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The Caboose Who Got Loose
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The Caboose Who Got Loose

4.12 of 5 stars 4.12  ·  rating details  ·  751 ratings  ·  55 reviews
Katy Caboose is tired of being last, and one day a freak accident allows her to realize her dream of peace and solitude.
Paperback, 48 pages
Published February 19th 1980 by HMH Books for Young Readers (first published January 1st 1971)
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The Little Engine That Could by Watty PiperThe Polar Express by Chris Van AllsburgFreight Train by Donald CrewsThe Little Red Caboose by Marian PotterTrains by Byron Barton
Picture Books about Trains
15th out of 109 books — 44 voters
Where the Wild Things Are by Maurice SendakHarold and the Purple Crayon by Crockett JohnsonCars and Trucks and Things That Go by Richard ScarryThe Very Hungry Caterpillar by Eric CarleFreight Train by Donald Crews
Greatest little boy books ... ages 2 - 6
48th out of 313 books — 105 voters

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Community Reviews

(showing 1-30 of 1,072)
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Jul 20, 2008 booklady rated it 4 of 5 stars
Recommends it for: train lovers
My oldest daughter loved trains when she was little; one of her first words was 'choo choo'. She received this book from her paternal grandparents as a Christmas gift when she was three and I read it to her so many times she had it memorized. I'm not saying it's for everyone or that it's great literature, but if you have any die-hard train fans out there--especially if they are little girls--this might be the book for them. It's about a little caboose named Katy and she has a hankering to be fre ...more
I loved this book as a child. It was one my grandmother kept at her house and read to me often when I visited. It was a thoroughly appealing story with a lot of action and an adventurous sense of excitement.

Now, though, I find myself feeling a touch awkward about the clear subtext that Katy's daydreaming about a different life and aspiring to get a better view that the one from the end of the train is subversive and fraught with danger. Good little cabooses would never be so foolish.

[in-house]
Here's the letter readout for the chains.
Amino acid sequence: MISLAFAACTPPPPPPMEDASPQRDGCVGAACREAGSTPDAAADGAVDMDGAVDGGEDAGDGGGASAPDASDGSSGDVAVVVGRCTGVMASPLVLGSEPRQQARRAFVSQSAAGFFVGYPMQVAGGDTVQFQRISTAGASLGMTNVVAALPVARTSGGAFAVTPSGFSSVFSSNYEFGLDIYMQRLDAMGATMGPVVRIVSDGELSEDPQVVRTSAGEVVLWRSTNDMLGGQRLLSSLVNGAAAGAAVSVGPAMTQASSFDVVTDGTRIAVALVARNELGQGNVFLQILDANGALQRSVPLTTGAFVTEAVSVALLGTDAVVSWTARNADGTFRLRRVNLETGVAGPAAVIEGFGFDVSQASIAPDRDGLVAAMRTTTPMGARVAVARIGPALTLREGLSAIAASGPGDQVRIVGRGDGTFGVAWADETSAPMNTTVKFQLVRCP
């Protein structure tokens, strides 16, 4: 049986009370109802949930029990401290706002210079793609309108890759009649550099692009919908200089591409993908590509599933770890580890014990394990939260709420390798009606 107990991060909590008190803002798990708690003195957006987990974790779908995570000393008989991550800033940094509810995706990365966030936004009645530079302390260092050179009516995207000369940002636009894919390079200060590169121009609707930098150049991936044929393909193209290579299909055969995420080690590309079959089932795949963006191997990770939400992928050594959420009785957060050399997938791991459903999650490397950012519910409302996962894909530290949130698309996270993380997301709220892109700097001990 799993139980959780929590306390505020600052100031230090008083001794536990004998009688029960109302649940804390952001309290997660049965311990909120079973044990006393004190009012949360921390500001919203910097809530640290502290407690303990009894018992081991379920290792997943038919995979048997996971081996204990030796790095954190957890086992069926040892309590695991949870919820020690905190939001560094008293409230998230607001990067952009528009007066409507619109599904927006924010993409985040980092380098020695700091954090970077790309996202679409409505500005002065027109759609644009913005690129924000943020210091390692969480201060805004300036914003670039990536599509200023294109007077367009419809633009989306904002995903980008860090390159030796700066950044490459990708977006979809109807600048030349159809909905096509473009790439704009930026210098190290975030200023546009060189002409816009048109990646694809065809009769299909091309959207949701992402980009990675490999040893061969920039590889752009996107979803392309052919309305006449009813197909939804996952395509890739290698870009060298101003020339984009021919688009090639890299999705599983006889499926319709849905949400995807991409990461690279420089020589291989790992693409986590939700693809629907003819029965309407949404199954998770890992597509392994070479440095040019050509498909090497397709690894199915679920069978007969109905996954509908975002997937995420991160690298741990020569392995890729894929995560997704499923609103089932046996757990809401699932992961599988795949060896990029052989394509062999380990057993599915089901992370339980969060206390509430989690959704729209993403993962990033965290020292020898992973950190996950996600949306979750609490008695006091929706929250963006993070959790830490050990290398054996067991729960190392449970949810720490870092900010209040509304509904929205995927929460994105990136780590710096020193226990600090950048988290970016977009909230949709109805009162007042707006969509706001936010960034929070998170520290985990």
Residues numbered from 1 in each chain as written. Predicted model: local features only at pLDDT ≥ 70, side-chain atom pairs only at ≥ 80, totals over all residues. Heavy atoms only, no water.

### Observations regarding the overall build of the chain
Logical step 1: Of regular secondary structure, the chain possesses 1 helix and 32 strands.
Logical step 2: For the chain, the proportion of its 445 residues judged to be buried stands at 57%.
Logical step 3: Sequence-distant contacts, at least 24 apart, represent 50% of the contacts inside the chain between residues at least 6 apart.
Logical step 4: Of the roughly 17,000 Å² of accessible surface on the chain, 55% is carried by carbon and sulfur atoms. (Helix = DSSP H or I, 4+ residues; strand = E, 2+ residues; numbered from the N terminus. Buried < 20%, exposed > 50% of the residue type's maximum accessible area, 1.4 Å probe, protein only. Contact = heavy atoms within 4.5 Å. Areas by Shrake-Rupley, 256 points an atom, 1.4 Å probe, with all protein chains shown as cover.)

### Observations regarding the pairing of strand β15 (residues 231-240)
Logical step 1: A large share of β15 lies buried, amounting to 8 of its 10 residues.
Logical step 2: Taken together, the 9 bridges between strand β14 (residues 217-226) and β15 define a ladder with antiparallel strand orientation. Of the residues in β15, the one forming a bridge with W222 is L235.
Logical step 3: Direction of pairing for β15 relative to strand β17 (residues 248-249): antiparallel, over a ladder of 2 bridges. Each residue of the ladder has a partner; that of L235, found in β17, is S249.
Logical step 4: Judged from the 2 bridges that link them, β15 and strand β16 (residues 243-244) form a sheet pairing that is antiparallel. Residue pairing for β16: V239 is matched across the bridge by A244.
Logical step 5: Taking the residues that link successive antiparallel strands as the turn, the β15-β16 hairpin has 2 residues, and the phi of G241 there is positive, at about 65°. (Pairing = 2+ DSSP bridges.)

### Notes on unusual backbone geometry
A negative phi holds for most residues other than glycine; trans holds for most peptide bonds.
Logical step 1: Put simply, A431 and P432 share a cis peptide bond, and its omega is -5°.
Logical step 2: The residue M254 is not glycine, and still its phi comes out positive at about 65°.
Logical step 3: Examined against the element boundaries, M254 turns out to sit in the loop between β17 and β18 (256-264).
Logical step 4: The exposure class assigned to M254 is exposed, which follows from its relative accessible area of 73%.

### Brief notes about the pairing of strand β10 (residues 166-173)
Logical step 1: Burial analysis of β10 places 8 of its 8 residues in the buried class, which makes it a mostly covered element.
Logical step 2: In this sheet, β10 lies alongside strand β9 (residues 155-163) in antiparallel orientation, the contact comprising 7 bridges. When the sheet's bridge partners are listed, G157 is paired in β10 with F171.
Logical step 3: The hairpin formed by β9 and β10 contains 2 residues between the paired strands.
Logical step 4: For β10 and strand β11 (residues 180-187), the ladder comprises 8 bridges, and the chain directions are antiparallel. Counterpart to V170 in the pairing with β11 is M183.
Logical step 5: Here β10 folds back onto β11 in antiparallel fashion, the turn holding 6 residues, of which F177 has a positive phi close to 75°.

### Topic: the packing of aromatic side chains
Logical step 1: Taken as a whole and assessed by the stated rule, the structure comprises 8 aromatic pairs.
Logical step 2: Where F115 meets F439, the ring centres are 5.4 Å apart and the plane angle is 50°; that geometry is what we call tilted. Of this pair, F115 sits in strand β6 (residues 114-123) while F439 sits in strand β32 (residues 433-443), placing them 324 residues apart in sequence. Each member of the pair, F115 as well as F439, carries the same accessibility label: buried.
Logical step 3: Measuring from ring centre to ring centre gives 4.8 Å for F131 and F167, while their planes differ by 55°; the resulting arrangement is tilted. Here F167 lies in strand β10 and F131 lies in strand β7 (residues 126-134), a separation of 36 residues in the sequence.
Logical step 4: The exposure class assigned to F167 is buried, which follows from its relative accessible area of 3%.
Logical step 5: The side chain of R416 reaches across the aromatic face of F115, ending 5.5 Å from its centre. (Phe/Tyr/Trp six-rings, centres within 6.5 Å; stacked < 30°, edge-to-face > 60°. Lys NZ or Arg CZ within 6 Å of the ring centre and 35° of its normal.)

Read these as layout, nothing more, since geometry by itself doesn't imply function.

I know that
“The Caboose Who Got Loose” is a great story from the creative mind of Bill Peet about a small caboose named Katy who wants to escape her life as a caboose and live happily in a peaceful place. “The Caboose Who Got Loose” may be a bit tedious for some children, but it is still a cute little story nonetheless.

Bill Peet’s story about a caboose who wants to live a peaceful life in the countryside is a great tale for many children. Children will feel for Katy’s sadness at being a mere caboose and n
Nicole Fiene
The Caboose Who Got Loose written and illustrated by Bill Peet tells the tale of a caboose who wishes she could be anything but the tail end of a train. The book travels along with Katy Caboose as she is pulled down the train tracks, through the countryside in a plume of black smoke. The first thing I noticed as I read through the book was the bright illustrations. The illustrations seem to be done in charcoal or crayon, and mostly everything in each illustration carries bright colors except for ...more
I’ve been fascinated by Bill Peet ever since I read his autobiography for the Caldecott Challenge. I knew he wrote some children’s books, but had no idea that he did so many (34 total). His work reminded me a lot of Dr Seuss, with the crazy rhymes for the book. I guess you have to get pretty creative when working with the word “caboose”. He worked for Walt Disney and you can definitely see the influence in the way he draws houses and even Katy Caboose, from his work on the animated shorts “Susie ...more
Kerry (The Roaming Librarian)
Such a cute little story about a Caboose named Katie who doesn't enjoy riding around on the back of the train. It's too smoky and too scary and she spends most of her trips alone and afraid. The illustrations (which seem to be pencil, so far as I can tell) are innocent and sweet, with some great detailing in the backgrounds and the trains. Katy the Caboose appears young and child-like, and I enjoyed how she tried to change her outlook on riding the rails. What I enjoyed the most about this story ...more
My 3 and a half year old really seemed to like the book. He was enthralled with everything but the ending. He couldn't understand why the caboose would want to stay in a pair of evergreen trees?
This is such a cute little book! Any child who likes trains will like it. My little man loves this book, and it's even more special because we have the copy that his daddy had as a child.
I love Bill Peet books - the rhyming, the illustrations, the message. This poor caboose dreams of living a quiet life, and his wish comes true.
Good read...that is ok to read over and over and over is proven every night so far this month.
Apr 25, 2012 Dolly rated it 3 of 5 stars  ·  review of another edition
Recommends it for: parents reading with their children
Shelves: 2012, childrens, rhyming
We discovered Bill Peet's books about 6 months ago and have been steadily borrowing his books from our local library since. We've really liked the different stories and want to read more of his stories.

This is a long, but entertaining story about an anthropomorphic caboose who wishes to settle down and rest. The rhyming narrative is dramatic, made even more so by the music and sound effects as well as by Josefina Bosch who reads this book on the accompanying CD we got with the book as part of a
Aug 31, 2008 Relyn rated it 4 of 5 stars
Recommends it for: teachers & parents
Recommended to Relyn by: I saw it while browsing GoodReads
I try to read a story to my class each morning in addition to our regular afternoon read aloud. Some days we have time. Some days we don't. This book has adorable illustrations by the author. The book feels a lot like The Little House